A portrait of Catherine by the French painter, Nattier. (Source: Wikimedia)

As the war shifted towards Ukraine, the thorny question of the shifting allegiances of the various Cossack and Ukrainian peoples emerged. The leader (called Hetman) of one large group of Cossacks was Ivan Stepanovich Mazeppa. His people desired full Ukrainian independence from Russian control in order to avoid high taxes and forced military service. As a result, Mazeppa aligned his forces with the invading Swedes. In response, Peter’s forces attacked his home city of Baturin and completely destroyed it, slaughtering over seven thousand people – soldiers and civilians alike. Most Ukrainians stood by the Tsar as a devastatingly cold winter dealt a critical blow to the strength of the invading Swedish army. It is estimated that close to three thousand Swedes froze to death, with many more seriously incapacitated by frostbite. The decisive battle of the Great Northern War was fought in the summer of 1709 at Poltava in Ukraine, in which at least 10,000 Swedish soldiers were killed, wounded, or taken captive. The Swedish invasion of Russia was terminated.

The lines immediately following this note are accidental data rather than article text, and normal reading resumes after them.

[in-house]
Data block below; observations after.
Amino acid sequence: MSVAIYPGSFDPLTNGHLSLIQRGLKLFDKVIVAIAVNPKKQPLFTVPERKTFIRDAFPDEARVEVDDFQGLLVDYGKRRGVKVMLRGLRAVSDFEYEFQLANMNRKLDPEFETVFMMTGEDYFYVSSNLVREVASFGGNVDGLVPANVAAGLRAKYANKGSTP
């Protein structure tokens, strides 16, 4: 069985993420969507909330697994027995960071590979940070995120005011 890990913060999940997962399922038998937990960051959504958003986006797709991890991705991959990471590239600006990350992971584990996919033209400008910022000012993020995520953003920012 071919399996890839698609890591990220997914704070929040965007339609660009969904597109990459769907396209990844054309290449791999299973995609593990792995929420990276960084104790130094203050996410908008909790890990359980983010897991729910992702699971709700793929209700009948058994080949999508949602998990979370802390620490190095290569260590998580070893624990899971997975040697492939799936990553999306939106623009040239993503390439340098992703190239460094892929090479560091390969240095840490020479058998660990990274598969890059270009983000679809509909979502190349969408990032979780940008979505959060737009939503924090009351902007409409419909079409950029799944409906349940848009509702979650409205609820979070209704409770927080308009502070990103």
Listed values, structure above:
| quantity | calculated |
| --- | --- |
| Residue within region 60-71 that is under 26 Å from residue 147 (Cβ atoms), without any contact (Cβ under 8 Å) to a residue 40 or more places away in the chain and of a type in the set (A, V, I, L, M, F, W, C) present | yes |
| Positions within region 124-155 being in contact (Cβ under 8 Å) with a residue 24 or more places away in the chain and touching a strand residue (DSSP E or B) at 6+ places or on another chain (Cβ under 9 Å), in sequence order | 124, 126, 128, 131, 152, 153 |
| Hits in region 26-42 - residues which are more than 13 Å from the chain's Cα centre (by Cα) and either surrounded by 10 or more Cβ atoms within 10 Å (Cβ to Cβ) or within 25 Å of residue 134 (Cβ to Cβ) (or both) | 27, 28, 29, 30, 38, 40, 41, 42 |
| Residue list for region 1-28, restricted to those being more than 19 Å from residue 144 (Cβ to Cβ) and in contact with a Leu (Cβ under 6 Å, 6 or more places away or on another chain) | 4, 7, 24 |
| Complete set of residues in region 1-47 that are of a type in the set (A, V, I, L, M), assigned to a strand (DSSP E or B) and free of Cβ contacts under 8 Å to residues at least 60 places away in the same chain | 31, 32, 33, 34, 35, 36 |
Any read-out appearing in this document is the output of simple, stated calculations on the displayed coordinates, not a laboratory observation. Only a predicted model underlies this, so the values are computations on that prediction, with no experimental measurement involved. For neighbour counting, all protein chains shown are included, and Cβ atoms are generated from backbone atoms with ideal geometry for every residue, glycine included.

A 19th painting showing Charles II and Mazeppa discussing plans for the Battle of Potava (Source: Wikimedia)

St. Petersburg flourished, with Italian, French and German architects all leaving their marks. The common people in and about St. Petersburg were chiefly Finnish and while the women were chambermaids or cooks, the men were sledge drivers, snow and ice shovelers, and icebreakers on the Neva. Ice blocks supplied icehouses on the ground floor of every large home. Even the lowest servant spoke Russian, German, and Finnish, while the educated often spoke eight or nine languages. However, there were endless supply problems. While fish could be obtained from nearby Lakes Ladoga and Onega, sheep and cattle had to be brought from Ukraine, the Don and the Volga regions, and even from Ottoman territory.

Peter was devoted to establishing Russia as a European nation. Thus, under his leadership, Russia’s past traditions were banned: there were no more beards, long robes (kaftans), or female seclusions at the court, the Julian calendar was adopted, and the Russian alphabet was simplified. Peter effectually transformed Russian society and institutions within one quarter of a century. He established new industries, with laborers working directly or indirectly for the state. Men were elevated by merit and although old noble titles were not abolished, they no longer carried special privileges. He promoted mining and industry and an Academy of Science.


A portrait of Peter in 1717. (Source: Wikimedia)